while our people give food and care to stray hogs!
Now the people want to know where he found this
excess of human suffering "all over this State." and
I where he observed the callous indifference thereto. >
' How many people did he see "drilling" and "suffer
ing" and neglected while hogs were eating what be
longs to men? What evidence has he that we neg
lect men and give to hogs and cattle what belongs to
humanity? His speech is a falsehood and a slander.
It is not true that men are drifting and starving all j
over this State, or in any part of it. Mr. Bryan has
no vocation himself. He promotes no industry, hires
no men, pays no wages. He gets a living out of
politic-, by exploiting the ambitions and the greeds
of his fellow men who hope in his success to get the
gain of office and the pleasures of power. What
client has he had and what fee has he received as a
lawyer since 1806? What has he earned with his pen !
as a journalist in the last three years? What paid the
cost of his trip to this State and back? After slan
dering California in his Sacramento speech, he said:
"A few weeks ago I spent several days upon the lakes
in Michigan and Wisconsin, and I saw there the
summer homes lining the banks of those lakes, and
the thought that came to me was: How small a pro
portion of the people of this great land are able to
enjoy summer vacations. And the thought that pained
me the most was that the producers of the wealth of |
the nation have less time and money for summer va- '■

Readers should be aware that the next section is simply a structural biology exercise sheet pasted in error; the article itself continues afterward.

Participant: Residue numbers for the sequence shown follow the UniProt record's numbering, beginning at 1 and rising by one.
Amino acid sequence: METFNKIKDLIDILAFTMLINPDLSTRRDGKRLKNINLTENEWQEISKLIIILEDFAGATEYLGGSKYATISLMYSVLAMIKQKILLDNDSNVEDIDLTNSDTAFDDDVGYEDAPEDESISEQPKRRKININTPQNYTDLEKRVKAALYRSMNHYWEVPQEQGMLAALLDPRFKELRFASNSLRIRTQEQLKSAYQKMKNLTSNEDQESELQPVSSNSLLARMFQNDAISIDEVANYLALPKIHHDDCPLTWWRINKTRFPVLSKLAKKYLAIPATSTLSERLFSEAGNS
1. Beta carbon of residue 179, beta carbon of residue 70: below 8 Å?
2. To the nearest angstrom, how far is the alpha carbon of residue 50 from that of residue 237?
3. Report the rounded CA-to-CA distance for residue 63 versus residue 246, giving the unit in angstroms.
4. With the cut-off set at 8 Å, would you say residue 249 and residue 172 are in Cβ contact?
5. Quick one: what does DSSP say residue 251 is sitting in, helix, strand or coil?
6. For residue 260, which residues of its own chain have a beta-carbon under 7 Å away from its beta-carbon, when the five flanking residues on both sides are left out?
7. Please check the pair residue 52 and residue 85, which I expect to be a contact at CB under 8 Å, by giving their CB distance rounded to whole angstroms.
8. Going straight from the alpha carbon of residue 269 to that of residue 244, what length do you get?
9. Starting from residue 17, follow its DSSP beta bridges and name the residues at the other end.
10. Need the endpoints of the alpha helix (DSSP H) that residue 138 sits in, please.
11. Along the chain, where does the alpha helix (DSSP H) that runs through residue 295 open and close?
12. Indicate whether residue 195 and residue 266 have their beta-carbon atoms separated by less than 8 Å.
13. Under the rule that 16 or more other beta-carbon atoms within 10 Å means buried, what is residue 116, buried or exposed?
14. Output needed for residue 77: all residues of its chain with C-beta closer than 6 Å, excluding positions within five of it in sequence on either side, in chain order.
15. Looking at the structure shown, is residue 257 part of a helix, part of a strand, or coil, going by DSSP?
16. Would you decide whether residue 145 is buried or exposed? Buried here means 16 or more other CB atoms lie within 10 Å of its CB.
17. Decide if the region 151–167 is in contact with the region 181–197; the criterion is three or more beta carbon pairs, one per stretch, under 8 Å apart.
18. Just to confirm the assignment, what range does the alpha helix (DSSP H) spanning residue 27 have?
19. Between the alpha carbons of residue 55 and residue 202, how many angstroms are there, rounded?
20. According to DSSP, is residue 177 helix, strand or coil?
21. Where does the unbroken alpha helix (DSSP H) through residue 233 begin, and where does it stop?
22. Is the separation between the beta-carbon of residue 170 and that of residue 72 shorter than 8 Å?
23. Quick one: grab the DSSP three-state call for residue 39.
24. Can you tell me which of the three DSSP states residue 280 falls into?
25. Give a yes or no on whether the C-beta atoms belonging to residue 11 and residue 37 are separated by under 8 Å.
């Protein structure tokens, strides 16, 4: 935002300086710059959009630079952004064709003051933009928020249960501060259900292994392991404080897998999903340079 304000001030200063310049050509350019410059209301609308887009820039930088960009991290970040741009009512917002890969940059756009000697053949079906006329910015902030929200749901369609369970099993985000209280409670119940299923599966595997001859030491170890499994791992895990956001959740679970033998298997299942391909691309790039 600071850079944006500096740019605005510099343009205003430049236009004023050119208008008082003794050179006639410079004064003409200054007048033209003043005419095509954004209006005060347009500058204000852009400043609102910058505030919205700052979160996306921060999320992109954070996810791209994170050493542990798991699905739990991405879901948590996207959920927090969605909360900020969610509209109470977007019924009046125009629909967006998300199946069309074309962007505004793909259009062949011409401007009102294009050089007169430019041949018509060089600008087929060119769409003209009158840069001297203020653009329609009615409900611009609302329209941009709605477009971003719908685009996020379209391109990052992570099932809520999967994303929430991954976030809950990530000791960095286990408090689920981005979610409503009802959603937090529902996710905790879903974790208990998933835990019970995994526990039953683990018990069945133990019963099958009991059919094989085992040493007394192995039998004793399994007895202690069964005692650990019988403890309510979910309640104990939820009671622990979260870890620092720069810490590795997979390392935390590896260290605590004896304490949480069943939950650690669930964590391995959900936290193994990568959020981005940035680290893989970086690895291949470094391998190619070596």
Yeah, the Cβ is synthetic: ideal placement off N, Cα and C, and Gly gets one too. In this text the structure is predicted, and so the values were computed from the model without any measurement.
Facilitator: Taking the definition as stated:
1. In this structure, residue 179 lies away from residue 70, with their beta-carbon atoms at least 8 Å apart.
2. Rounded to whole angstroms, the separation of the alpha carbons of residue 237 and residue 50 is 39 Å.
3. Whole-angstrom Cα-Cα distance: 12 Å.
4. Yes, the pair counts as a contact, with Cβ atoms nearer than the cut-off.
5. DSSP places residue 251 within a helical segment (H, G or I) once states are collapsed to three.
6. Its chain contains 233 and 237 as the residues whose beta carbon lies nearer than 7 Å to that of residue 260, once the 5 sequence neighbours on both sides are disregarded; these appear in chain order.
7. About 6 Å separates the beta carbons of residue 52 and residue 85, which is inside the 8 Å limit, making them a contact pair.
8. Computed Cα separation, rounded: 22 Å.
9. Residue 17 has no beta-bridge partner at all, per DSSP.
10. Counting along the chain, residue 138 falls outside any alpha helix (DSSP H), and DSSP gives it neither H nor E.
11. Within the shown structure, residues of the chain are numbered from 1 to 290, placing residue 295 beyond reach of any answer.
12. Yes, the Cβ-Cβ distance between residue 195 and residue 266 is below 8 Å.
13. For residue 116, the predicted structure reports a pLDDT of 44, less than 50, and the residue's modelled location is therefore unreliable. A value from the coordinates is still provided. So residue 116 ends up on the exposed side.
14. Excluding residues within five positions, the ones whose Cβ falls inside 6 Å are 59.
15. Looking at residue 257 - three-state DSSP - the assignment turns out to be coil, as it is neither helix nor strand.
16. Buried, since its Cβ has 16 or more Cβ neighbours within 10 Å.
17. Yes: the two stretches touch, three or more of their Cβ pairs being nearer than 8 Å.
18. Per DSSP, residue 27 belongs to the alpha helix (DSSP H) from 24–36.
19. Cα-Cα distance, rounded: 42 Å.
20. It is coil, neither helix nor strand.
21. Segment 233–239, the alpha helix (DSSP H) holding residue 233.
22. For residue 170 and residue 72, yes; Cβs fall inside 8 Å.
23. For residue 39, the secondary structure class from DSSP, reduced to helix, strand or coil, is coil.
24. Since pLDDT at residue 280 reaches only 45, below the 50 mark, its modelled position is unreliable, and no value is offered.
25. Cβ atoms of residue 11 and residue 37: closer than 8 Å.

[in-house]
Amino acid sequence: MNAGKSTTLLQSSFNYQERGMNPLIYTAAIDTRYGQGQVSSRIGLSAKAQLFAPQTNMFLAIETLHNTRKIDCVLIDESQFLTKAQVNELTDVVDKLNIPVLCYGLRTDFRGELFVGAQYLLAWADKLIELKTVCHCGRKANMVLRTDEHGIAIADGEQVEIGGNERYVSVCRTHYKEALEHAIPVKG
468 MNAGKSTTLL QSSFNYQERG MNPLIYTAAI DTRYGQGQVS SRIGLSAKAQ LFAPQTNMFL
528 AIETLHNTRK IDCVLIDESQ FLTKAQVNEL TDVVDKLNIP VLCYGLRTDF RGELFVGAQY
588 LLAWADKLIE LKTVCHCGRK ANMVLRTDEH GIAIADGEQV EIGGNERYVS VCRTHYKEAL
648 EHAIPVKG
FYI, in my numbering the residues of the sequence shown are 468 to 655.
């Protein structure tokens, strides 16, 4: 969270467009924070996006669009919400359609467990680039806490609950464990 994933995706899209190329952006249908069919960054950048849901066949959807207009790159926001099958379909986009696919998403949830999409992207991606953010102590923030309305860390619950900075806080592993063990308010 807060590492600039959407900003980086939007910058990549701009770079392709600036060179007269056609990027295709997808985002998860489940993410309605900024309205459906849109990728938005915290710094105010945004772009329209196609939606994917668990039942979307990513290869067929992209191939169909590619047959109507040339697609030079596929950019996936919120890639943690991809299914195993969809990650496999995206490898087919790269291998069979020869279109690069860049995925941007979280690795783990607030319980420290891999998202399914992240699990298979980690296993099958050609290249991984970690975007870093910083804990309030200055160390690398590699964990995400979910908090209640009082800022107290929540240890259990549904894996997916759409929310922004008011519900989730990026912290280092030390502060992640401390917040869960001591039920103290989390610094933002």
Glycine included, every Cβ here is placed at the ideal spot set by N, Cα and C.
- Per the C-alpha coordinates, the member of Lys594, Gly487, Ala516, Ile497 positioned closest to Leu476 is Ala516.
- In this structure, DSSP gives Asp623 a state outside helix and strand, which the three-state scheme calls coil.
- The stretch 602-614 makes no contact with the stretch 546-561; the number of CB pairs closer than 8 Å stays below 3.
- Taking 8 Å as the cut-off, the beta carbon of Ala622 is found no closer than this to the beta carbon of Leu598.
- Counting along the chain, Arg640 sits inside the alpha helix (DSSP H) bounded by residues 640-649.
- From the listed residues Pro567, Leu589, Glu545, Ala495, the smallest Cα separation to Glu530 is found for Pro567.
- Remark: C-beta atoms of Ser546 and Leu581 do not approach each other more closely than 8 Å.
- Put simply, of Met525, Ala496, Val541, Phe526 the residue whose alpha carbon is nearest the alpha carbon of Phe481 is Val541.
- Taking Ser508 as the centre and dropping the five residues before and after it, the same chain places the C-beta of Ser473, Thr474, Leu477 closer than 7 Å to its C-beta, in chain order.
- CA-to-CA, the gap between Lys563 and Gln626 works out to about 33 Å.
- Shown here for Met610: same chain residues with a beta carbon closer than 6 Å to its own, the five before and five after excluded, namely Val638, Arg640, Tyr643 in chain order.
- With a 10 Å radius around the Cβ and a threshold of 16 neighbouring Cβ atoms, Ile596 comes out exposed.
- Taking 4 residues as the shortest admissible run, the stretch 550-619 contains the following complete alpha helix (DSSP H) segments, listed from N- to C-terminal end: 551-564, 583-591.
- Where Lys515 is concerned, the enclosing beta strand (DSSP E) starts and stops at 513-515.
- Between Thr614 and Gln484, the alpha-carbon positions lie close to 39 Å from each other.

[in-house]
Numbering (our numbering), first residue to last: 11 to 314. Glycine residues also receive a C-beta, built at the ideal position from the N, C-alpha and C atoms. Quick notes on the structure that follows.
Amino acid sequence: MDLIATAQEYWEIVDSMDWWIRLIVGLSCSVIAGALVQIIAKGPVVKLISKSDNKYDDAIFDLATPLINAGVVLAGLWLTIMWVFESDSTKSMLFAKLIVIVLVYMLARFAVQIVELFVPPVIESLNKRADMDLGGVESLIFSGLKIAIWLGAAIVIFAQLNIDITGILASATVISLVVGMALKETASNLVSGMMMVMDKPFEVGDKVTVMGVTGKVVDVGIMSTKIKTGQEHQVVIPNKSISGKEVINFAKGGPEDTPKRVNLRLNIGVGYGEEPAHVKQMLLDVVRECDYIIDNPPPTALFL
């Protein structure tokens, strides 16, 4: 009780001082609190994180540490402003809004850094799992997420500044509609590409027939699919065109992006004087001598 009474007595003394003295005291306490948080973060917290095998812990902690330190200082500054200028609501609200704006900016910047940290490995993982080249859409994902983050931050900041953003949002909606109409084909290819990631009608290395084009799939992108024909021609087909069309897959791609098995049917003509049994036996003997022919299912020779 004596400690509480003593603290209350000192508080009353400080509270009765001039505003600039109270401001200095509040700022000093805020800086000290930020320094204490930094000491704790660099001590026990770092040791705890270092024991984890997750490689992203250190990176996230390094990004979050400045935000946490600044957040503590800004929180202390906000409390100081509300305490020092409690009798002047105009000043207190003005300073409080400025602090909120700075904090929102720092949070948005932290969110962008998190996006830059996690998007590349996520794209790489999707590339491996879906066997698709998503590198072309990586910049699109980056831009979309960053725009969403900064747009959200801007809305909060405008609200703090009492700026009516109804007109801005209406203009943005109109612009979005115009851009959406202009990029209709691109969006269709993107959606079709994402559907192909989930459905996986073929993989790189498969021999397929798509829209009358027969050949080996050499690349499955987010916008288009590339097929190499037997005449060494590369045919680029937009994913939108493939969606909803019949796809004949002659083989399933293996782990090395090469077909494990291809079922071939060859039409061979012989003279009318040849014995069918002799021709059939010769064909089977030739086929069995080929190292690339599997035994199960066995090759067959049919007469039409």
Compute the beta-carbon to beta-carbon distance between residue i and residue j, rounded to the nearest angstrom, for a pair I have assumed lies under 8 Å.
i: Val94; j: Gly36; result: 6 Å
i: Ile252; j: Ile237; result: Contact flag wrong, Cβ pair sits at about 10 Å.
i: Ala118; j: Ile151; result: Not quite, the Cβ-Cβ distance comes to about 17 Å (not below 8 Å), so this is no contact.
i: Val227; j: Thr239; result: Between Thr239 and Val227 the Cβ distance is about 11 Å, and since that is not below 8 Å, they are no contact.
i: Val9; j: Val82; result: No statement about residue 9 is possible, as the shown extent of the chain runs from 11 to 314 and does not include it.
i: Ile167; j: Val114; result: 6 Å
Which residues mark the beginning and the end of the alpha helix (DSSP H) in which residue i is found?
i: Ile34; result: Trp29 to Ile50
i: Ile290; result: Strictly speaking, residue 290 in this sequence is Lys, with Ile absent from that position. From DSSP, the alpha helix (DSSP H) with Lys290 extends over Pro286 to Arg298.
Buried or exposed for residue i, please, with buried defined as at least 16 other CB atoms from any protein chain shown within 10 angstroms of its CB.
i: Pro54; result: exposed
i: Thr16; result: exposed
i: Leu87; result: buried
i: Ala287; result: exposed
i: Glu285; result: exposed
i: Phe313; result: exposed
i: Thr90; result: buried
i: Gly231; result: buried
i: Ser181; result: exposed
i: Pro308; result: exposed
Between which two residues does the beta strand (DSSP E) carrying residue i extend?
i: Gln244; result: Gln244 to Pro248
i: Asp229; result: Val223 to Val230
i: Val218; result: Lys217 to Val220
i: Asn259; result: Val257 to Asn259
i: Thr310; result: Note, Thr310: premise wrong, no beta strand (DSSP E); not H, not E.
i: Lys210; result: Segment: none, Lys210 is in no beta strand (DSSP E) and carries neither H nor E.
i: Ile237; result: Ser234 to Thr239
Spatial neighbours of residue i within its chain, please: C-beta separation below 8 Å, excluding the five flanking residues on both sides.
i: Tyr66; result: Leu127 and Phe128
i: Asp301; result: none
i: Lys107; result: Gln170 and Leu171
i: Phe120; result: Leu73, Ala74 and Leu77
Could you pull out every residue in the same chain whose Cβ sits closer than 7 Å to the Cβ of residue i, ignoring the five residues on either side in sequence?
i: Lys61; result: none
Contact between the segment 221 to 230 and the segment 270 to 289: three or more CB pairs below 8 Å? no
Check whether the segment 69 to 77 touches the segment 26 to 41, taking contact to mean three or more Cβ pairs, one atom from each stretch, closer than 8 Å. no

cations than any other class, and the thought came
to me. Is it a just Government?" Out of this jumble
of "thoughts" that "pained" the only conclusion is :
that a just Government would give everybody a sum
mer vacation! But what was Mr. Bryan doing on
the lakes? Is he a producer of wealth? If so nobody !
seems to have denied him about the longest vacation |
from labor that has been enjoyed by any man we :
know of. After a vacation "on the lakes a few weeks
ago" he has taken another here and visited the
Yosemite. The cost of it is not less than $500, if he 1
paid his way. He attacks our people and charges
them with feeding hogs and letting men starve all
over the State. They want to know how he gets the
money for a summer vacation that extends from the
Great Lakes to the Pacific Coast. When he comes
around and thinks thoughts that pain him. and sees
sights that make him sad. and tells the world that
Californians are indifferent to human suffering and let
men drift and starve while the hogs are fed and shel- j